The Decline of Play

In the latest episode of Comedians in Cars Getting Coffee, Jerry Seinfeld asks Sarah Jessica Parker, “Why are we such horrible parents?” and later comments that “This is probably a longer conversation about parenting… than your mother had all told in her life.” I find him and this show hilarious, and I especially love that one of his favourite themes is parents who over-parent.

I love this topic too. So when I read a tweet by Sir Ken Robinson this morning about a researcher who studied a similar topic, I became absorbed. Here’s what I found:

Here is the abstract of his paper, which is a summary of his talks:

Over the past half century, in the United States and other developed nations, children’s free play with other children has declined sharply. Over the same period, anxiety, depression, suicide, feelings of helplessness, and narcissism have increased sharply in children, adolescents, and young adults. This article documents these historical changes and contends that the decline in play has contributed to the rise in the psychopathology of young people. Play functions as the major means by which children (1) develop intrinsic interests and competencies; (2) learn how to make decisions, solve problems, exert self-control, and follow rules; (3) learn to regulate their emotions; (4) make friends and learn to get along with others as equals; and (5) experience joy. Through all of these effects, play promotes mental health.

Read or watch his compelling arguments about how we have become a worse world for children. Now, as my professorial husband pointed out, “correlation does not imply causation”. Nevertheless, it’s an intriguing argument, and it makes me sad, especially as I spend my life working on ways to improve the lives of children. But my other worry is that he makes school the enemy.   In the TEDTalk, when Gray challenges his audience to be brave enough to stand up against the continuous clamour for more school and says, “Our children don’t need more school,” the audience claps.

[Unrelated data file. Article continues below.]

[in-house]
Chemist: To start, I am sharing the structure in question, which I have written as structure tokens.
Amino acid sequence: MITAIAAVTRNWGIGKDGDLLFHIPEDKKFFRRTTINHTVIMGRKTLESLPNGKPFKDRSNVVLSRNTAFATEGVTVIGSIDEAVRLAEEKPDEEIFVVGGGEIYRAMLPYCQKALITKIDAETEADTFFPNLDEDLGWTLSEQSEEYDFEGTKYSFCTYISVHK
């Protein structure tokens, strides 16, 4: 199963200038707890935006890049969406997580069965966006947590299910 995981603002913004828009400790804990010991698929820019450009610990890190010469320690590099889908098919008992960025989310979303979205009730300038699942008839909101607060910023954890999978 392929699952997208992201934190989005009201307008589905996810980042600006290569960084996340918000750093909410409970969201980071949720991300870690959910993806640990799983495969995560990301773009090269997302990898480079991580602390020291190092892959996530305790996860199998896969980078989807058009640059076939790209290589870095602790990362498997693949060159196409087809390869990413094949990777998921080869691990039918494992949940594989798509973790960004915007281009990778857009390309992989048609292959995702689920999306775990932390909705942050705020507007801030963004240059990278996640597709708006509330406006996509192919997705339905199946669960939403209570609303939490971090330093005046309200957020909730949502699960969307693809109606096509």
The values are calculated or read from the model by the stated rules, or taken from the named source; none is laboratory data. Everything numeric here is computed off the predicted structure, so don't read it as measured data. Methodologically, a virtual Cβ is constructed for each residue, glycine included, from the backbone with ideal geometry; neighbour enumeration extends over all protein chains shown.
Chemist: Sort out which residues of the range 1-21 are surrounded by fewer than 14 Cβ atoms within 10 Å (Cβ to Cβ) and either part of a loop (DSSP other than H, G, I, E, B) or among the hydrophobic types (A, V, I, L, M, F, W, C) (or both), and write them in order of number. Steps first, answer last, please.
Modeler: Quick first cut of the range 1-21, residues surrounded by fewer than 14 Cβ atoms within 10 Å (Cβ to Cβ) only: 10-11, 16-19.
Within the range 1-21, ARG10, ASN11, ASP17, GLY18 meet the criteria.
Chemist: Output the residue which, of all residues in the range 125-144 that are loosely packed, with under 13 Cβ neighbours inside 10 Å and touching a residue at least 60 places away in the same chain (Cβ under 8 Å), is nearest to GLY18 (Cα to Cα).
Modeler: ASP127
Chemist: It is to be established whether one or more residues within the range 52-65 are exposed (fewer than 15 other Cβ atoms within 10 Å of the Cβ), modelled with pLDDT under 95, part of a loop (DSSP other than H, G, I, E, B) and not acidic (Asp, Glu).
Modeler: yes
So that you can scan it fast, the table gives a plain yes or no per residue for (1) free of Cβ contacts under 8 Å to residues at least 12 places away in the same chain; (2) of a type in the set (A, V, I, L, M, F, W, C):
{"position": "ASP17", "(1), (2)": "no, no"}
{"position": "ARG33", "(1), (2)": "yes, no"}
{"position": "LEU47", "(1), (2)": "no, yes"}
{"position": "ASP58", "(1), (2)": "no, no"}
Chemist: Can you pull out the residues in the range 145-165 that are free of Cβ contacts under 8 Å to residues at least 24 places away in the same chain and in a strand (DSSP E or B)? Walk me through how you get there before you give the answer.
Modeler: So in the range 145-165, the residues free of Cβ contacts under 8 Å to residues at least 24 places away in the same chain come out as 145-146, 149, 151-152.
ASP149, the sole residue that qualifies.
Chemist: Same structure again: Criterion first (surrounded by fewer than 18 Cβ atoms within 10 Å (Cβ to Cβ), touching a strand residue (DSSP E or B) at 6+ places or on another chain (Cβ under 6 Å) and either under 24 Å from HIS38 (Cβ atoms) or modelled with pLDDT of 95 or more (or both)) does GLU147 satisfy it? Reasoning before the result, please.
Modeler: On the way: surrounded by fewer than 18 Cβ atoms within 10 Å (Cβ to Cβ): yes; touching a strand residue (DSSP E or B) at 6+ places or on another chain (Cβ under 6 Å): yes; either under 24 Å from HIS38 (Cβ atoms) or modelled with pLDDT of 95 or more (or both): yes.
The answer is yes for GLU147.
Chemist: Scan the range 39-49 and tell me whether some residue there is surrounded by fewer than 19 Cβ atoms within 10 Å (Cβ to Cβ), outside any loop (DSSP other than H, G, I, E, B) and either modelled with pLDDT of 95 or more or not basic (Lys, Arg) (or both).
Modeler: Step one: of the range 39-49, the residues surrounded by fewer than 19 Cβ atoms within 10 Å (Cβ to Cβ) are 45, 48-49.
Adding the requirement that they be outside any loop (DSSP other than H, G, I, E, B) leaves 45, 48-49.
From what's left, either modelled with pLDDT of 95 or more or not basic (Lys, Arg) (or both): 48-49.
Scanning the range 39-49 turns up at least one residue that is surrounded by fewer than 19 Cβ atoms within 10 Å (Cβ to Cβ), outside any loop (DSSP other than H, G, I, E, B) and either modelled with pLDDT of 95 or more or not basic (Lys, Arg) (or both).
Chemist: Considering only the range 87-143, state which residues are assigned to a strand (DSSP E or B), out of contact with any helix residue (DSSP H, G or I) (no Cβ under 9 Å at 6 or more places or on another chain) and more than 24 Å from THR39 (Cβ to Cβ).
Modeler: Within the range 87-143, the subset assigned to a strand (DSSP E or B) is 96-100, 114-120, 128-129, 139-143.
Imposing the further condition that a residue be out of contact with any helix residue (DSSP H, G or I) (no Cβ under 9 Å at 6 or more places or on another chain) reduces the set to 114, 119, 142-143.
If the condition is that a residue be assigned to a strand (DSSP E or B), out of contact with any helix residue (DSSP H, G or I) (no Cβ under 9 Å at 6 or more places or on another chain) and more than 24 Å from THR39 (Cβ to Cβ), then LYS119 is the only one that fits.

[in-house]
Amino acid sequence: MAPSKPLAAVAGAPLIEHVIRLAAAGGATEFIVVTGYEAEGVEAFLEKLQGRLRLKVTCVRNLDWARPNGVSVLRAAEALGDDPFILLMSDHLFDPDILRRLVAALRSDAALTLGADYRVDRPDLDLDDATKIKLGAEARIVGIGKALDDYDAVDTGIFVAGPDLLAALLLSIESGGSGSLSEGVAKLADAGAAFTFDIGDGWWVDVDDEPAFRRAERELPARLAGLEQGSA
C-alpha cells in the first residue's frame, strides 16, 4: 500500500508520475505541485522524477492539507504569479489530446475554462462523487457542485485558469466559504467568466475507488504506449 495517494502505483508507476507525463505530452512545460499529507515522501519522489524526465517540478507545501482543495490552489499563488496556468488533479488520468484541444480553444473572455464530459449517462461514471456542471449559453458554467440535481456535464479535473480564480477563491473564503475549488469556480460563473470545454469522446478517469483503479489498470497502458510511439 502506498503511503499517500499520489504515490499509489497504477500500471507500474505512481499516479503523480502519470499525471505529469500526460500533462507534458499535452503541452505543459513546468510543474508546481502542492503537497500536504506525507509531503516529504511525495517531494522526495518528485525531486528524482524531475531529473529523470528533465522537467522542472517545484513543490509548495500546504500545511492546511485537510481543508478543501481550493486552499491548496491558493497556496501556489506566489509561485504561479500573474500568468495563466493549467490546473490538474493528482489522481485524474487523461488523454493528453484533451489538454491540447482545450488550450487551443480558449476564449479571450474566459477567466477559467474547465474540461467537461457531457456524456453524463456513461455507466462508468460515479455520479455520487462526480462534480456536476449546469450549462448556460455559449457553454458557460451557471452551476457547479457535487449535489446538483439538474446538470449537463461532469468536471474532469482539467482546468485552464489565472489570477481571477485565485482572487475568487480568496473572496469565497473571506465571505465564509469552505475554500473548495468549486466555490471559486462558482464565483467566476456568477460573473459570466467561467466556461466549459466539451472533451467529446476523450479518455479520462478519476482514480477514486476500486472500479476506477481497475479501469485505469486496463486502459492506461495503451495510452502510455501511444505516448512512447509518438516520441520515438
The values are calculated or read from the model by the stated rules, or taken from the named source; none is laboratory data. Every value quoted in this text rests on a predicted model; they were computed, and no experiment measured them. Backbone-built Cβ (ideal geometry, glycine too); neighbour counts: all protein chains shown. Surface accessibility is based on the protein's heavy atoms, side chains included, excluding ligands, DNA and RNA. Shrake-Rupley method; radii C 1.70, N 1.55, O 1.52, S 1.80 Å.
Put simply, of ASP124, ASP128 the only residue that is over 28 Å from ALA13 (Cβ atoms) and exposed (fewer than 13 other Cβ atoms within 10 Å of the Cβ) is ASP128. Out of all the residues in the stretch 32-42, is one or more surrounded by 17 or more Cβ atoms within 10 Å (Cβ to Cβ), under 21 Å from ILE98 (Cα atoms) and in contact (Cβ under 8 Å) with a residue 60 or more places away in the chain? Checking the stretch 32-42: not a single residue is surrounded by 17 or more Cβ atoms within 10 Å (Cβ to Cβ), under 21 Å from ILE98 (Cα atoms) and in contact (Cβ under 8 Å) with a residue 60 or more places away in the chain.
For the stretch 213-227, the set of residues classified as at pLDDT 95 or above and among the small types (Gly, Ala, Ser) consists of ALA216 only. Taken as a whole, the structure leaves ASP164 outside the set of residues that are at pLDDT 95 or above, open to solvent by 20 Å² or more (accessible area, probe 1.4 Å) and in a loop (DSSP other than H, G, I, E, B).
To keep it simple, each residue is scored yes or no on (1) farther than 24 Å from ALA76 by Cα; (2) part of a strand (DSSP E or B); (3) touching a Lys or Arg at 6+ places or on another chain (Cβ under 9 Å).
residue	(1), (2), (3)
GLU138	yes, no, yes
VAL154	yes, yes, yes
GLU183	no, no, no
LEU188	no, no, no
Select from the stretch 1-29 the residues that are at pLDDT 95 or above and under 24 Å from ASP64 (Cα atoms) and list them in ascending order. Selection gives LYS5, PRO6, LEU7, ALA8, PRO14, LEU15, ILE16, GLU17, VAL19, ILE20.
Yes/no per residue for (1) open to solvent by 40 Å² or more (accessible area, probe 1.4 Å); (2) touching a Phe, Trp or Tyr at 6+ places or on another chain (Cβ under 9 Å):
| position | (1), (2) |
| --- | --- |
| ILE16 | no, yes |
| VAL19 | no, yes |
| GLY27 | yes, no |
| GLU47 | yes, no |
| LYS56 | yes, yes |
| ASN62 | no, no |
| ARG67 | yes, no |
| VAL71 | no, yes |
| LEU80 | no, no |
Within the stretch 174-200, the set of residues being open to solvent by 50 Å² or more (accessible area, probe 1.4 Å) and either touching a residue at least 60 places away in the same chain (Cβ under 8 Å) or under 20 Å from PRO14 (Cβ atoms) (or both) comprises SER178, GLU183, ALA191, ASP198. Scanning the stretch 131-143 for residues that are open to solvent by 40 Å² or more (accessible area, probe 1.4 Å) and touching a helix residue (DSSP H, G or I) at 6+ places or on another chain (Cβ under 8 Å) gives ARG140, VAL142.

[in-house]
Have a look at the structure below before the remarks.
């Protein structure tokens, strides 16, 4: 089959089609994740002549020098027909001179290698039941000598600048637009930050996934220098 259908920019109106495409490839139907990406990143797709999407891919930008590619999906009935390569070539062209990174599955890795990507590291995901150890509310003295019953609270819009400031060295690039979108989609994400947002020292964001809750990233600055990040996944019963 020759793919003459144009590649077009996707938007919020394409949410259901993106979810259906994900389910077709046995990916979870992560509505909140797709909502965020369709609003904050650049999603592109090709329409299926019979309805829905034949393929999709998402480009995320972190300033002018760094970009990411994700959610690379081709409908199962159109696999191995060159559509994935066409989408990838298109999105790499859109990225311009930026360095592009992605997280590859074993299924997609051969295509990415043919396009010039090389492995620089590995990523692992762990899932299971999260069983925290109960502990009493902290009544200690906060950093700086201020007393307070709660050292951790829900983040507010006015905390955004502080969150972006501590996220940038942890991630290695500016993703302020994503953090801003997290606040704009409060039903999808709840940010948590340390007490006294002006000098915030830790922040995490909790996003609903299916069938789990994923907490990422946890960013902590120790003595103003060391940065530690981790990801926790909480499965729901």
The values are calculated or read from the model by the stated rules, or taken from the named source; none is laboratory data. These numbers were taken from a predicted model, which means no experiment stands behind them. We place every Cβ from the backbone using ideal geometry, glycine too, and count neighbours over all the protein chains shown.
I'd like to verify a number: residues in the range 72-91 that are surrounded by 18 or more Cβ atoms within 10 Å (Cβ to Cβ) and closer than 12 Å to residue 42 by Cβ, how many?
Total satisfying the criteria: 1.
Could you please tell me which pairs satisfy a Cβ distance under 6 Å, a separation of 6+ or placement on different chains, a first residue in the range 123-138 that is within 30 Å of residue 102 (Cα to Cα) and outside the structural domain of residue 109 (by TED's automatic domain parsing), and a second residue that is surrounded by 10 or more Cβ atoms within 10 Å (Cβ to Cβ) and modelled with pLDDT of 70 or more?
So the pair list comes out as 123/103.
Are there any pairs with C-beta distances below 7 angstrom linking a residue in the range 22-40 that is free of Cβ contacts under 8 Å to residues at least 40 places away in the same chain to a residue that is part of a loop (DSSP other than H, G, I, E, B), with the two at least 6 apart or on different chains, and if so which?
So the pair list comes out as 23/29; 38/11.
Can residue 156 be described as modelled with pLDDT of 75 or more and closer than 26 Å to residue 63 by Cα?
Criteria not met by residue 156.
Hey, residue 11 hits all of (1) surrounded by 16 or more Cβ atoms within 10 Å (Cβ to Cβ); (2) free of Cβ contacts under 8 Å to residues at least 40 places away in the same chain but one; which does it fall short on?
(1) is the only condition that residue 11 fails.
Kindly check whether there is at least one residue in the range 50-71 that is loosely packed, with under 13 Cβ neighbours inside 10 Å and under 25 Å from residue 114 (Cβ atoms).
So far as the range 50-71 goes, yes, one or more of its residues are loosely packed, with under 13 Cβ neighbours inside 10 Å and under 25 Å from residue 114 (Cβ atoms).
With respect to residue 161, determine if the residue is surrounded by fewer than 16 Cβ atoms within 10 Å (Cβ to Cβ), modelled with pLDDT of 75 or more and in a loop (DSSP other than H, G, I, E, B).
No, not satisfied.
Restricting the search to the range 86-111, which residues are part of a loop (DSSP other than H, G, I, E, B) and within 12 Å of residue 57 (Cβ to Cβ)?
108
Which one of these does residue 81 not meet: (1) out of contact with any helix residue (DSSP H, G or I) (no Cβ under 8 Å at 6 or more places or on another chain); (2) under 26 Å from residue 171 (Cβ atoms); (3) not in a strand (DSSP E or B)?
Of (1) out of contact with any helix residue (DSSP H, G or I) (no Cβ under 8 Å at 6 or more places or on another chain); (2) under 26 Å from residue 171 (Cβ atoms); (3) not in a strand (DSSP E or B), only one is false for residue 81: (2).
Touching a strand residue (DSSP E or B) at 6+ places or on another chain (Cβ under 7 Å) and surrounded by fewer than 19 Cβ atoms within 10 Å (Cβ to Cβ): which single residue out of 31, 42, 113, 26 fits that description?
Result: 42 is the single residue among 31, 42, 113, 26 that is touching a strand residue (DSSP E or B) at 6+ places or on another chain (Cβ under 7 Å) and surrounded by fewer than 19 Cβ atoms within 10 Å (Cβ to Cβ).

I have two reactions, as a parent and as an educator. As a parent, I think about our decision to move our children from a public school to Ridley College. The classroom experience was important, but so was the value placed on co-curricular activities. Their days at Ridley were so packed that we pulled them from their previous after school activities. As you can imagine, it changed our lives dramatically when we no longer spent our evenings shuttling them hurriedly from one lesson to the next activity. For high school, we chose a boarding school so that Jacob could spend more time playing with other kids. That was important to us. There are no boys his age in our neighbourhood, and he has lots of energy to burn everyday. At Lakefield College, without supervision or without being told, he chose to spend his free time playing tennis or playing down by the waterfront. I truly believe that CAIS boarding schools offer a unique opportunity for kids to experience good old-fashioned play.

As an educator, I am deeply concerned by his anti-school sentiments. My hope is that we think deeply about how to make play more of a priority. I had a glimmer of hope in one of his quick comments. He said kids don’t need more school, but he also said, “maybe they need better school.” This gives me hope because of the CAIS commitment to continuous whole school improvement.   I see our schools investing in what is best for students, and I believe our schools will focus on his challenge and find incredible opportunities to lead the way for all schools.

While I agree that today’s parents may be guilty of over-parenting, I know that our CAIS schools will not be guilty of over-schooling. And I can’t wait to see our school leaders play with this challenge.

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